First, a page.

It took me a few minutes after I had a hunch of what was happening to gather enough courage to move seats and another minute to confront the man, but the point is that I did. I have no idea what happened to her after I left or if I will ever see her or that man again, but I can at least rest with a clear conscious knowing I spoke up. I didn’t just ignore what was obviously happening or pretend like it wasn’t my problem. That man knows that some people will stop him and hopefully that girl knows that she deserves to be treated with dignity.

Though I was raised in a multi-racial, multi-cultural family my experience as one of the lighter skinned attendees was undoubtedly different from many of the black, or African-American, Mexican and Asian attendees. This represents my experience at a vigil that in my opinion we should hold more ofte and in larger groups until this nonsense ends. I may not be able to walk down the street without harassment or the threat of sexual assault, but I don’t worr about being killed by those who are meant to protect me. However different our experiences, we all attended the vigil in mutual concern, compassion and craving peaceful change.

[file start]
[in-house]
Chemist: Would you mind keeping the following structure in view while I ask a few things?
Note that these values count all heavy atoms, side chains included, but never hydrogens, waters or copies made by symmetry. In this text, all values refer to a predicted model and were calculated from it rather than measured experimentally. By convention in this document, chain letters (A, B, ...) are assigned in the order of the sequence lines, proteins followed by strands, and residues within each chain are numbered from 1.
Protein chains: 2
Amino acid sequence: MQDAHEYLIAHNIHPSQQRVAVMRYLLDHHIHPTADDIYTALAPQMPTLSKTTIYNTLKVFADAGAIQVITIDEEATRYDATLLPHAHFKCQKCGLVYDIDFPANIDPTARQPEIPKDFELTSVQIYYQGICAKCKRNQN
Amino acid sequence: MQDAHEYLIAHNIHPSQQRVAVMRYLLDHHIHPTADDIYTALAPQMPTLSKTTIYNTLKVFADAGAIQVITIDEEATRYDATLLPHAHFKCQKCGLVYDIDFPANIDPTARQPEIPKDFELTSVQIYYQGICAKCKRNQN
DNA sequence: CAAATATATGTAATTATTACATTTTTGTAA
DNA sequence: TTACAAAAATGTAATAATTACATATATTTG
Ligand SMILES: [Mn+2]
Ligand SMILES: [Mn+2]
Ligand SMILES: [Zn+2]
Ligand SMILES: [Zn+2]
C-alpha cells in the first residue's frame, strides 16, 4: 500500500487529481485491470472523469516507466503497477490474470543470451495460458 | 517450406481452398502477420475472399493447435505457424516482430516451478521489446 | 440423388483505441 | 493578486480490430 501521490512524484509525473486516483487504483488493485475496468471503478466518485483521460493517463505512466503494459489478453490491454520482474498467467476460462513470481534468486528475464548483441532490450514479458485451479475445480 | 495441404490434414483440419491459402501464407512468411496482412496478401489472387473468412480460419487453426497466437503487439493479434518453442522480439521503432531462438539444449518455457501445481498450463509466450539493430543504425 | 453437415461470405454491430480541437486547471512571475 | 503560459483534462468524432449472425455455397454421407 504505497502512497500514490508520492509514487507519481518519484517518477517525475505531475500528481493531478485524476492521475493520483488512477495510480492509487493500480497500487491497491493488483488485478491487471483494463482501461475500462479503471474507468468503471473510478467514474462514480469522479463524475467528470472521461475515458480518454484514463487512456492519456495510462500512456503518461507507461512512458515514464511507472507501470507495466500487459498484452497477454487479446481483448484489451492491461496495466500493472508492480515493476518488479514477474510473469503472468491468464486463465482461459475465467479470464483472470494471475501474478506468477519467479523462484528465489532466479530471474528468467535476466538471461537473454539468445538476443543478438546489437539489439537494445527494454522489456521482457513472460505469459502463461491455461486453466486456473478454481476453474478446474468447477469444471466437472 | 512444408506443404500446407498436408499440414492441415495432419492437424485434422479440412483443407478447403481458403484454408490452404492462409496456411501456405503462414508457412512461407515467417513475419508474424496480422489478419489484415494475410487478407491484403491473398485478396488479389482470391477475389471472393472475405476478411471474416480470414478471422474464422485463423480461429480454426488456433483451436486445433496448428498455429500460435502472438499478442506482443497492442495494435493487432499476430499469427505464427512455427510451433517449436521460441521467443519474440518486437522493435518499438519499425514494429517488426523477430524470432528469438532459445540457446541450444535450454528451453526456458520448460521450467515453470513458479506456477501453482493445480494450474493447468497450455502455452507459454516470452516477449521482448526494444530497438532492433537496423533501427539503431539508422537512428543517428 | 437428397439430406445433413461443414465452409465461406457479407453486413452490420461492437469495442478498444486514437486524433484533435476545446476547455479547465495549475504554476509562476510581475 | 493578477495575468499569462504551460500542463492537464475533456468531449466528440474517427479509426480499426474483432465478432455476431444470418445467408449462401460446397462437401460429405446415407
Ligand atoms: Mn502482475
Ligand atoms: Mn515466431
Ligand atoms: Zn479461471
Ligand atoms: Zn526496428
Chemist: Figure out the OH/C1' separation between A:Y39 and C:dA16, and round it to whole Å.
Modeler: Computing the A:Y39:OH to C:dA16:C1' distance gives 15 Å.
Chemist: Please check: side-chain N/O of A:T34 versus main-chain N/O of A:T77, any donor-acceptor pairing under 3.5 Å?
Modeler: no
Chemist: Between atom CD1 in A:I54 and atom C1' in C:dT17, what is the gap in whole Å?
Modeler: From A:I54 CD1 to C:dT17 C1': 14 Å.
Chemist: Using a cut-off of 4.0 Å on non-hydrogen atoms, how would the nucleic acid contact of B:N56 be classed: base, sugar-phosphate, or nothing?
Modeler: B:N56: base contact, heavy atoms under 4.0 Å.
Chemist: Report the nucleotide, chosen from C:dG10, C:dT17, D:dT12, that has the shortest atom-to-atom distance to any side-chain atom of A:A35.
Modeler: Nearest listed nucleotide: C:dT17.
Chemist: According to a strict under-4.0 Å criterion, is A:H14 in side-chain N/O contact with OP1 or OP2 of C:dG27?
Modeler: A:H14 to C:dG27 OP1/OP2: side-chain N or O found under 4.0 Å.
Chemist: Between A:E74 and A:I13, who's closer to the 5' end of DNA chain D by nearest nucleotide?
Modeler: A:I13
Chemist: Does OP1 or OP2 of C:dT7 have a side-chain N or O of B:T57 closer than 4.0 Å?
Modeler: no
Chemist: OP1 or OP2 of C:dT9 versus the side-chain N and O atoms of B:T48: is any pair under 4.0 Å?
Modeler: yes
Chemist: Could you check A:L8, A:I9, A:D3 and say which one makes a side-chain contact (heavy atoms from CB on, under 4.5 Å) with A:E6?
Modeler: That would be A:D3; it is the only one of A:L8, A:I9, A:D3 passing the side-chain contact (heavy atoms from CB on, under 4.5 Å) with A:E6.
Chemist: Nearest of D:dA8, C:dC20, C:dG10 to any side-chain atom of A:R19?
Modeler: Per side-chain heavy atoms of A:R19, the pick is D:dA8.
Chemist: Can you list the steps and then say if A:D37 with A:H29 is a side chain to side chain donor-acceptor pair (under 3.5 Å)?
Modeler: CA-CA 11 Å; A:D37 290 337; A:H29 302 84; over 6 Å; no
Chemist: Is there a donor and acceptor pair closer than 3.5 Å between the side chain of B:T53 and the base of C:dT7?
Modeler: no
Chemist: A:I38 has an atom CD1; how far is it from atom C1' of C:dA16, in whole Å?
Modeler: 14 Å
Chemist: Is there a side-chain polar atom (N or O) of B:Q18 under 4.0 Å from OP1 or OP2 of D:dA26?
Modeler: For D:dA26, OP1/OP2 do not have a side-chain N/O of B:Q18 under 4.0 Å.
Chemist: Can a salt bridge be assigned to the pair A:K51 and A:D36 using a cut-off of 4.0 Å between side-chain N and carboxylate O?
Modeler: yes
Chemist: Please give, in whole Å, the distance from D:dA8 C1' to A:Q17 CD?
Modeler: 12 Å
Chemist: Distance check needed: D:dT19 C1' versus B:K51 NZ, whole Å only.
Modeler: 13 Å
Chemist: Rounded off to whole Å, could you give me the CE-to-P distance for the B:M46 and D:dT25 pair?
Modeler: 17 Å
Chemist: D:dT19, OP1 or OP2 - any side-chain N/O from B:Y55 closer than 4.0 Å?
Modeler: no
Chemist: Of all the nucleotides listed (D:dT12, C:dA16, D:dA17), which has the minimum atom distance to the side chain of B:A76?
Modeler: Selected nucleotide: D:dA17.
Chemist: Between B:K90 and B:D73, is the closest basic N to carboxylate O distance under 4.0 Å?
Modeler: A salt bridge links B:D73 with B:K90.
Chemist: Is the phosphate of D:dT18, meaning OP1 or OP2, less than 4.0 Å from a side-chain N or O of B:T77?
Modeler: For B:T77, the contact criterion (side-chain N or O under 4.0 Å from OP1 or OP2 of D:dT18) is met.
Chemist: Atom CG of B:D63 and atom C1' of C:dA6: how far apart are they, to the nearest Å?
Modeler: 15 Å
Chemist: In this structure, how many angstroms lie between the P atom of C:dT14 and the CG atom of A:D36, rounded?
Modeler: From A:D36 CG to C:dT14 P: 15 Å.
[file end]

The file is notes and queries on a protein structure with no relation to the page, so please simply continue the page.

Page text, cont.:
So what are you going to do? Will you take those 4 steps, open your heart, use your mind and save the life of a child?

If you enjoyed this, check out the article on Alicia Garza of #BlackLivesMatter.

*Article corrected to show Tamir RIce was just 12 years old, not 14. Twelve!?! Can you imagine?

*Read interviews with other agents of change on our sister blog, Changeisup2u.wordpress.com